To understand any group of people, you must know what its members crave and what they fear. Financial journalists want to appear serious, intelligent, and informed; they are afraid of appearing ignorant or flaky. That’s why it’s normal for them to straddle the fence and present several sides of every issue. A journalist is safe as long as he writes something like “monetary policy is about to push the market up, unless unforeseen factors push it down.”

Internal contradiction is the normal state of affairs in financial journalism2. Most financial editors are even more cowardly than their writers. They print contradictory articles and call this “presenting a balanced picture.”

For example, an issue of a major business magazine had an article headlined “The Winds of Inflation Are Blowing a Little Harder” on page 19. Another article on page 32 of the same issue was headlined “Why the Inflation Scare Is Just That.” It takes a powerful and lasting trend to lure journalists and editors down from their fences. This happens only when a tide of optimism or pessimism sweeps up the market near the end of a major trend. When journalists start expressing strongly bullish or bearish views, the trend is ripe for a reversal.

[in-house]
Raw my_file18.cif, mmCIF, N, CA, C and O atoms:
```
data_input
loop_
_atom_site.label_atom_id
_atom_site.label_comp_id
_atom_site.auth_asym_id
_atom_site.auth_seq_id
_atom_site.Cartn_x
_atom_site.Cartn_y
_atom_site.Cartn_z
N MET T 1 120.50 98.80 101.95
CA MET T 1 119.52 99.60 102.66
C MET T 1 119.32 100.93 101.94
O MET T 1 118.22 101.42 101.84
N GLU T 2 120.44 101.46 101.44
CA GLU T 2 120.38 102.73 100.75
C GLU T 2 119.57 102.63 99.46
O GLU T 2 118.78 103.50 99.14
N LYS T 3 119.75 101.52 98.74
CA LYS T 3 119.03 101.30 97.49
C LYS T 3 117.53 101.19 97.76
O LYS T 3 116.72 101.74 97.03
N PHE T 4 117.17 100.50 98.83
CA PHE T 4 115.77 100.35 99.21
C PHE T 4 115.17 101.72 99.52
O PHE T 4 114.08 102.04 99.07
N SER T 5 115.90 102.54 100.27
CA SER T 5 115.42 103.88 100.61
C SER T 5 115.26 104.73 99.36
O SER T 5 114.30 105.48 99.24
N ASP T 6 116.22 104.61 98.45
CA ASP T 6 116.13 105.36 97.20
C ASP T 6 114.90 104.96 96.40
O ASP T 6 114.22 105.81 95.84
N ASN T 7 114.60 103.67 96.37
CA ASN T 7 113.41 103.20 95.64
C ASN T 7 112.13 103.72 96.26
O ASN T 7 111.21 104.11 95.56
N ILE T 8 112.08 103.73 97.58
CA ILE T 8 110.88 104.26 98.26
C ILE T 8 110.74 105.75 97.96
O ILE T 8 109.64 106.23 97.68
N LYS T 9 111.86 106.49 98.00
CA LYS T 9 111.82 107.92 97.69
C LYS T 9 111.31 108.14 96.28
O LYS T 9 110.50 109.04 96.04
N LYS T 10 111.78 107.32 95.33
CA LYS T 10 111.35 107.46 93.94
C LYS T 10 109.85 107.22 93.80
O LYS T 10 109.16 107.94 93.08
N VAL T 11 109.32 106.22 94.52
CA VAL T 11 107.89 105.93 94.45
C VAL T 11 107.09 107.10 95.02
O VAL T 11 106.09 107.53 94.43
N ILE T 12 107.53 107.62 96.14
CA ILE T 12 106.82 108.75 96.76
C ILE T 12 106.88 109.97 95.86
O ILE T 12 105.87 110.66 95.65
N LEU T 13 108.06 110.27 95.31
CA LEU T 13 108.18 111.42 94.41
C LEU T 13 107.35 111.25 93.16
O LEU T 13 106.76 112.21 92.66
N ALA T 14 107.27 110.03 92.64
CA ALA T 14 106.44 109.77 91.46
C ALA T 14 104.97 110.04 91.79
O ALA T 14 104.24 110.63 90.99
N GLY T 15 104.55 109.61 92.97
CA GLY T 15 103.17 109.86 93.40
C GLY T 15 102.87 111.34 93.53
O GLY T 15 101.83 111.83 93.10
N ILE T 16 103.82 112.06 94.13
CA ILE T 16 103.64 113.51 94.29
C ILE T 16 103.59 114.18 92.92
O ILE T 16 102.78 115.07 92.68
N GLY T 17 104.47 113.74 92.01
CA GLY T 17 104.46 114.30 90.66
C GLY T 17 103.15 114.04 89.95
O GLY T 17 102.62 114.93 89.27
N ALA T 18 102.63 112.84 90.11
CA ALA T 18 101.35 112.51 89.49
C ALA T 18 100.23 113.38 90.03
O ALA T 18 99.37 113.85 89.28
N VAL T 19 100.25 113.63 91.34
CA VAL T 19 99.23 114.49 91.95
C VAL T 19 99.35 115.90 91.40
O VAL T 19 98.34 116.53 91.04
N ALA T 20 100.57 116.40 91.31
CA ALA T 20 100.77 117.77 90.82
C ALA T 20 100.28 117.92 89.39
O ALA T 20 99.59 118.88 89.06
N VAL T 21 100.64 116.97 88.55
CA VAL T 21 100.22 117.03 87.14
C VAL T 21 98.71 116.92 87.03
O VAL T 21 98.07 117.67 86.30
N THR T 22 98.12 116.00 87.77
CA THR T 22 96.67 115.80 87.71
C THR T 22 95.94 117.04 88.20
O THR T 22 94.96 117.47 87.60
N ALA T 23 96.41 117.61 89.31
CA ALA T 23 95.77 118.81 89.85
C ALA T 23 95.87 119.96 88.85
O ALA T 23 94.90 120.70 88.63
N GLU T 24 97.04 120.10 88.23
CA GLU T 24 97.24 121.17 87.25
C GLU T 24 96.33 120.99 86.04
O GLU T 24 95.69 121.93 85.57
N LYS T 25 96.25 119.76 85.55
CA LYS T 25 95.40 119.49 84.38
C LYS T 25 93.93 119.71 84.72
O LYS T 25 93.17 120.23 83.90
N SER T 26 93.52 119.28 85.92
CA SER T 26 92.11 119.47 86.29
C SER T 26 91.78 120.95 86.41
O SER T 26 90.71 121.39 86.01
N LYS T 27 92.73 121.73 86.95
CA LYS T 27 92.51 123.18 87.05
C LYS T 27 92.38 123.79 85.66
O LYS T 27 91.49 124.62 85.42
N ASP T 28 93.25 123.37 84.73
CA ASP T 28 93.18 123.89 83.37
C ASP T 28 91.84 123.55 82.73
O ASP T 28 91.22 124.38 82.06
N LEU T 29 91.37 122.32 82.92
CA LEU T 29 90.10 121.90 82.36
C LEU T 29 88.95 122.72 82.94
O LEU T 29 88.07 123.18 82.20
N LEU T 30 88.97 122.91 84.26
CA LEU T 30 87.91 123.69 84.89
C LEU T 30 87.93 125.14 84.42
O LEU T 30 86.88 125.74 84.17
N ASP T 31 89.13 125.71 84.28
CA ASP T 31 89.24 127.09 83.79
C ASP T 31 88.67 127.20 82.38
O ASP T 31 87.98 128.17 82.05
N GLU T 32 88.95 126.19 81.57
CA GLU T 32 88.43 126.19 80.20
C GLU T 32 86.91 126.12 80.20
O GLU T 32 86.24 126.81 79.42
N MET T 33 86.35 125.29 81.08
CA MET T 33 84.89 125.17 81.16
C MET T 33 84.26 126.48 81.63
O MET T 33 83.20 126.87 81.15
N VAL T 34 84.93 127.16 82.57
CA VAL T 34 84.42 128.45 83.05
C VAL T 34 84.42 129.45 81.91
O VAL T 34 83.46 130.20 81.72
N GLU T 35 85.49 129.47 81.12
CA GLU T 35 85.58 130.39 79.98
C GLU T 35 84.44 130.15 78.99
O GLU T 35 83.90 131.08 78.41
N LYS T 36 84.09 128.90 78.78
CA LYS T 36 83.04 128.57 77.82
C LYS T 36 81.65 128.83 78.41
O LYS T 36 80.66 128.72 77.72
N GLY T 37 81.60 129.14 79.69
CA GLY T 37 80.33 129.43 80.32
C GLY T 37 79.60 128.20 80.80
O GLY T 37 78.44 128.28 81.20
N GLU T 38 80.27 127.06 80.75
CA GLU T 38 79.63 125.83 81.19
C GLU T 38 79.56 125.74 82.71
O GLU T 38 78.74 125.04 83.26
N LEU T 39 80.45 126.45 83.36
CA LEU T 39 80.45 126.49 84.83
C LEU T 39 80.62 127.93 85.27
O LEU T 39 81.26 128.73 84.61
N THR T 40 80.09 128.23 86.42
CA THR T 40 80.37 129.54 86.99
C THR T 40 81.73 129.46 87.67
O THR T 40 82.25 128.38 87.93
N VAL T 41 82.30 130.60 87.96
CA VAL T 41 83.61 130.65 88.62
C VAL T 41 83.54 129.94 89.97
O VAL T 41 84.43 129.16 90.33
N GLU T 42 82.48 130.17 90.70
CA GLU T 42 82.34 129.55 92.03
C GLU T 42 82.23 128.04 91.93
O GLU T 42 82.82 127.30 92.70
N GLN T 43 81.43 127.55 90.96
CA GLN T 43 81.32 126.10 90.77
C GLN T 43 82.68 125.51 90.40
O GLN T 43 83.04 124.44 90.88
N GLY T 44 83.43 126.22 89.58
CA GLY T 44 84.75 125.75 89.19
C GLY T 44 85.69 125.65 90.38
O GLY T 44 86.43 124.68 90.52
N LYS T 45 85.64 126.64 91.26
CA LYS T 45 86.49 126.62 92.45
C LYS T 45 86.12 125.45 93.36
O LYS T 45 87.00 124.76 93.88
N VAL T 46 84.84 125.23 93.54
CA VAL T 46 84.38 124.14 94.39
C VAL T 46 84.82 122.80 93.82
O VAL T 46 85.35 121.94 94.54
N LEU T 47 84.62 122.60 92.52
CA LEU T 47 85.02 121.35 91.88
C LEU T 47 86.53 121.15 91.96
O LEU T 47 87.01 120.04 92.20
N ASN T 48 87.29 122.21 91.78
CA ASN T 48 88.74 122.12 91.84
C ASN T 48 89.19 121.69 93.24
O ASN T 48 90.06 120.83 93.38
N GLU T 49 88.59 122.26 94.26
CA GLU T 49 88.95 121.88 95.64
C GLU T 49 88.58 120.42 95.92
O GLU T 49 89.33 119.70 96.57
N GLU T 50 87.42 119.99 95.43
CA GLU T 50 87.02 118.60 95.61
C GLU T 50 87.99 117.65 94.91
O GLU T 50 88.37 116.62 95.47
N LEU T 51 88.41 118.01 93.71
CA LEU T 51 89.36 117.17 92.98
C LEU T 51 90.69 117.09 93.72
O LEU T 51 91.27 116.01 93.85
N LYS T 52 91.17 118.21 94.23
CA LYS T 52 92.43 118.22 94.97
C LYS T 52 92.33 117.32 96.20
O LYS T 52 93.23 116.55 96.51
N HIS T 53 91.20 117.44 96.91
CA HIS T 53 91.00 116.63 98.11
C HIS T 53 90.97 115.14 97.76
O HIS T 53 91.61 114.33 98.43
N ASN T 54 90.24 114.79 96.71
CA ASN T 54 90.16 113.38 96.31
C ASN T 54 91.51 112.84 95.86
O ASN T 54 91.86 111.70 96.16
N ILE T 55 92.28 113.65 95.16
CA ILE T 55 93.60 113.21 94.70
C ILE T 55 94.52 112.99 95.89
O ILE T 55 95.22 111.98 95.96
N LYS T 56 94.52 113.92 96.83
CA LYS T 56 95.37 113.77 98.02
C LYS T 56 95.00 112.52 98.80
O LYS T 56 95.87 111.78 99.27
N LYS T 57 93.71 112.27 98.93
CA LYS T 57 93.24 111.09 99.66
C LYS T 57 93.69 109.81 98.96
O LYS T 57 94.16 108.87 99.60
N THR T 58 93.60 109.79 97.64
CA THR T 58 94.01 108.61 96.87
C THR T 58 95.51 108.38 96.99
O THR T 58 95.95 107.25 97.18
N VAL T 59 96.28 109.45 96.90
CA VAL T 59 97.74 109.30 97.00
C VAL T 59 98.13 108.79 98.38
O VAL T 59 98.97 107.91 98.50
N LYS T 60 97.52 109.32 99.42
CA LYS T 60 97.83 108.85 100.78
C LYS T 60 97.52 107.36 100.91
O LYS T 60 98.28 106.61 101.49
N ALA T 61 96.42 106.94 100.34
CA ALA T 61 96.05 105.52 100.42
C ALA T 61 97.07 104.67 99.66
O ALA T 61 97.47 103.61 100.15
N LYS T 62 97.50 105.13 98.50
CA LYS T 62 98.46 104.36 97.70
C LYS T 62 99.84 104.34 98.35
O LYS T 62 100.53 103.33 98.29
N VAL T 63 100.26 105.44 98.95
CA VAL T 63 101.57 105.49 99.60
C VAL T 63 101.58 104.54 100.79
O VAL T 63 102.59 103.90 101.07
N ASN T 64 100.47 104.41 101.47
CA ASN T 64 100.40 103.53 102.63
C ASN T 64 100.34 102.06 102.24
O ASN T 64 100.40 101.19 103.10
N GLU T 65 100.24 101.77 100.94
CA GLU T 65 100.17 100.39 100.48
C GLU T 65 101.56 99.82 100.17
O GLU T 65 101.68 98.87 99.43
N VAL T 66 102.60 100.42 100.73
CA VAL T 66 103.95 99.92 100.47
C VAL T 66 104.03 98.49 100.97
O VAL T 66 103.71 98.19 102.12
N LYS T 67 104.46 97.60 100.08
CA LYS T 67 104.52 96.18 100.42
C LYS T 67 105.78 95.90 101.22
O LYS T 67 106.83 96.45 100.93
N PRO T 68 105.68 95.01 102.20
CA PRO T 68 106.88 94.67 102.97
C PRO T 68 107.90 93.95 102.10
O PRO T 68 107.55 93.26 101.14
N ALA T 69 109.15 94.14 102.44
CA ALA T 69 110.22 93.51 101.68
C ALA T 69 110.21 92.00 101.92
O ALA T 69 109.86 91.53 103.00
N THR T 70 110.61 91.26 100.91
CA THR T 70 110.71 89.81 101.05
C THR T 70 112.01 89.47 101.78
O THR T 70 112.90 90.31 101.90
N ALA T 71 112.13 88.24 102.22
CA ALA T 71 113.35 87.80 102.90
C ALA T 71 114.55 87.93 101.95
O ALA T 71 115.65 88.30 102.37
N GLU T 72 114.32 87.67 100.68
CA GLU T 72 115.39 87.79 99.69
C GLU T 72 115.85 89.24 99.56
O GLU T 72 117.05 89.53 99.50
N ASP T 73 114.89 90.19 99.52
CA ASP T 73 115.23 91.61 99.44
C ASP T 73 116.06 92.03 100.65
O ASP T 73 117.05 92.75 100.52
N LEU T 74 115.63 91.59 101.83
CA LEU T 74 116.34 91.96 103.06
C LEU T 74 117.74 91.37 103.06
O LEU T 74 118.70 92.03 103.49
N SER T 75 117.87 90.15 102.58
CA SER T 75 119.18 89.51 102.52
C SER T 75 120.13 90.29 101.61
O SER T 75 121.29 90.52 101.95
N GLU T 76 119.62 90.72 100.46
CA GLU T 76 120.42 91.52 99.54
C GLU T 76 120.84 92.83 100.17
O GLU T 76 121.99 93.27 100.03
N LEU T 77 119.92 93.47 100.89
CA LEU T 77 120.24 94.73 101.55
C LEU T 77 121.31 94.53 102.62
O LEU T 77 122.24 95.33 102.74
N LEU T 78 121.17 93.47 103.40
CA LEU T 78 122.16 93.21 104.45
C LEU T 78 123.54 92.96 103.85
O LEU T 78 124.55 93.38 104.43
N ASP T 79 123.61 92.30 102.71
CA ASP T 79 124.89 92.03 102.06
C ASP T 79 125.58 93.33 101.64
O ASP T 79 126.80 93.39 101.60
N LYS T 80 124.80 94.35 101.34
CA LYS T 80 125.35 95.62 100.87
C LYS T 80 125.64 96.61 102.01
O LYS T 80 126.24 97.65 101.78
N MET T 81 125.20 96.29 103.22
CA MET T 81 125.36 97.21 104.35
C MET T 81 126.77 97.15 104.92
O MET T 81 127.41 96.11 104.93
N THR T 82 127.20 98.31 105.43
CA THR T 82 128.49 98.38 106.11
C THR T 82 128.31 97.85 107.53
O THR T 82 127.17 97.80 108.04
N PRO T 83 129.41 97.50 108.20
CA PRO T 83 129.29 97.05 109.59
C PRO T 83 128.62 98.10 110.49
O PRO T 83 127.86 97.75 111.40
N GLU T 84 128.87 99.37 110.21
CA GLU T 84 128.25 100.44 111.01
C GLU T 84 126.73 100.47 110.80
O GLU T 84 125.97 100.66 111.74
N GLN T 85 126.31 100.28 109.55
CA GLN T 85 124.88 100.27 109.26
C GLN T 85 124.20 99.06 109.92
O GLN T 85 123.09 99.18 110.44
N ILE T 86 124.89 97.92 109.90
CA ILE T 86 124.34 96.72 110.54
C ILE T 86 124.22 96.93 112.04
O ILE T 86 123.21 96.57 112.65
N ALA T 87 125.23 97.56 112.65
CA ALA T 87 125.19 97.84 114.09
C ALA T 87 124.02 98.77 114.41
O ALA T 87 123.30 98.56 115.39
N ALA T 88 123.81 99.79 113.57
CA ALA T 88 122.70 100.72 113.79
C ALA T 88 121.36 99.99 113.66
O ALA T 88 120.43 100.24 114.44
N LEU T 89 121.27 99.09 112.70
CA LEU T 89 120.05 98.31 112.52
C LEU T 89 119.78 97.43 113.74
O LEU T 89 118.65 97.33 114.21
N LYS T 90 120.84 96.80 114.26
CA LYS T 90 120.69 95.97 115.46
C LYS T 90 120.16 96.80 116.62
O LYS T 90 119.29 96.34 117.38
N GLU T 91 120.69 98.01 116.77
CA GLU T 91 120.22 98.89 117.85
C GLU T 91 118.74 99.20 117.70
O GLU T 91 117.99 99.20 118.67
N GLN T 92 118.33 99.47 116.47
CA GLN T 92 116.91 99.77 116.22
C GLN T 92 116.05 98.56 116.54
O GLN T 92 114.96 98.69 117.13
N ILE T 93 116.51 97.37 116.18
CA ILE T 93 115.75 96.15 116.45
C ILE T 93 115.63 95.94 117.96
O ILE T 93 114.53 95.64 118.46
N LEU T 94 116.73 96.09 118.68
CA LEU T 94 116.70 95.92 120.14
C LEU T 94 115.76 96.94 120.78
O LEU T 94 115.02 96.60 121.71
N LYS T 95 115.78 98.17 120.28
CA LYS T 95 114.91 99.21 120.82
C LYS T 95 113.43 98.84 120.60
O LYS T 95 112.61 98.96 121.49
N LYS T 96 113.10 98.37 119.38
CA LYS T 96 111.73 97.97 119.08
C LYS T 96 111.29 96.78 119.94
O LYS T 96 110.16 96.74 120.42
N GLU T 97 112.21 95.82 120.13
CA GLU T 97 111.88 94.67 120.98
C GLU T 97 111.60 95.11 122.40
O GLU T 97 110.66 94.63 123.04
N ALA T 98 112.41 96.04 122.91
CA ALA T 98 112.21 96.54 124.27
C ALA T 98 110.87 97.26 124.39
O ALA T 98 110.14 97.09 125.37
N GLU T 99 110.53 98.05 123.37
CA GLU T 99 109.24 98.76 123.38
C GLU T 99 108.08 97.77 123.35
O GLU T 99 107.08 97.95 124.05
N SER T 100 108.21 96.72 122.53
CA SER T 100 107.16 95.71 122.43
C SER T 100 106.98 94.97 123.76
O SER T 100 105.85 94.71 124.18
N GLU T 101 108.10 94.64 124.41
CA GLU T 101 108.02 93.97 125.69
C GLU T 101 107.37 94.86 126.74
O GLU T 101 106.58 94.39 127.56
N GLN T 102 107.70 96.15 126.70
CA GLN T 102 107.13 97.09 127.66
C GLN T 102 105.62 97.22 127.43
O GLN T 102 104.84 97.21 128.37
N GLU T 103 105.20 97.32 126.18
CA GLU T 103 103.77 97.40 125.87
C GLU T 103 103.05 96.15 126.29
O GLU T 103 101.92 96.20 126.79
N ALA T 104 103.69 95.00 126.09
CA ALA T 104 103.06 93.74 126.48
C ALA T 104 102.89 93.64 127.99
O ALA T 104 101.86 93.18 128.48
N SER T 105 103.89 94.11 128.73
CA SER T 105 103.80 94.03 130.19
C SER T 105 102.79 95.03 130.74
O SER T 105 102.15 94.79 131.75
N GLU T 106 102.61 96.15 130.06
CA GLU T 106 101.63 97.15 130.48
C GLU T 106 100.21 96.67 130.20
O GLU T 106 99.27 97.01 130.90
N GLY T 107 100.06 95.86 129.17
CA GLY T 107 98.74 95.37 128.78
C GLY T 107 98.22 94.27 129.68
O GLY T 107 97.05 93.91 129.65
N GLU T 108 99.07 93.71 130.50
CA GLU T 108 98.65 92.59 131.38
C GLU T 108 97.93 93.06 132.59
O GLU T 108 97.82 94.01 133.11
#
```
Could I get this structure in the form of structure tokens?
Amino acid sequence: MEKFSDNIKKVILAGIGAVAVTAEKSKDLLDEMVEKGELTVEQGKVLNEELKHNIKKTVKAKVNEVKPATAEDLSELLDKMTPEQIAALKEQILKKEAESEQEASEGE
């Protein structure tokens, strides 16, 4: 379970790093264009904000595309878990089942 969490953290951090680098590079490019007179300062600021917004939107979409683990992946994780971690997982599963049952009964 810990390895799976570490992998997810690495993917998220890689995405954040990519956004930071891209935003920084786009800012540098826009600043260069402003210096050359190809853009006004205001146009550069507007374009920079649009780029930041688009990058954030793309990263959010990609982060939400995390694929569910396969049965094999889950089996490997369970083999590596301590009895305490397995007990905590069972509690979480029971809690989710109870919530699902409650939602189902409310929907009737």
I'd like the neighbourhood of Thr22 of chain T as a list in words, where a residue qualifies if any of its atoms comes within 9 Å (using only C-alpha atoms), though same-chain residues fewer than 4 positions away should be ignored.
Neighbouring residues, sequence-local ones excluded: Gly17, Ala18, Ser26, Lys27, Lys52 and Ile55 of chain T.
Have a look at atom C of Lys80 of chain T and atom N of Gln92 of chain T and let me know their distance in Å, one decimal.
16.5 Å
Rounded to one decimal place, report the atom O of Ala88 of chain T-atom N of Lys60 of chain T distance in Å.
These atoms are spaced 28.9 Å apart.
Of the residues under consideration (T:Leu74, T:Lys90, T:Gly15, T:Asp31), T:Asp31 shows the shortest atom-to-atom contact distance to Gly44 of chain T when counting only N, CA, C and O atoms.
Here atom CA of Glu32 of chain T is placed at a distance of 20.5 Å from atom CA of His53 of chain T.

This is why the front covers of major business magazines serve as contrarian indicators. When a leading business magazine puts a bull on its cover, it’s usually a good time to take profits on long positions, and when a bear graces the front cover, a bottom cannot be too far away.

Signals from Advertisers

A group of three or more ads touting the same “opportunity” in a major newspaper or magazine warns of an imminent top. This is because only a well-established uptrend can break through the inertia of several brokerage firms. By the time all of them recognize a trend, come up with trading recommendations, produce ads, and place them in a newspaper, that trend is very old indeed.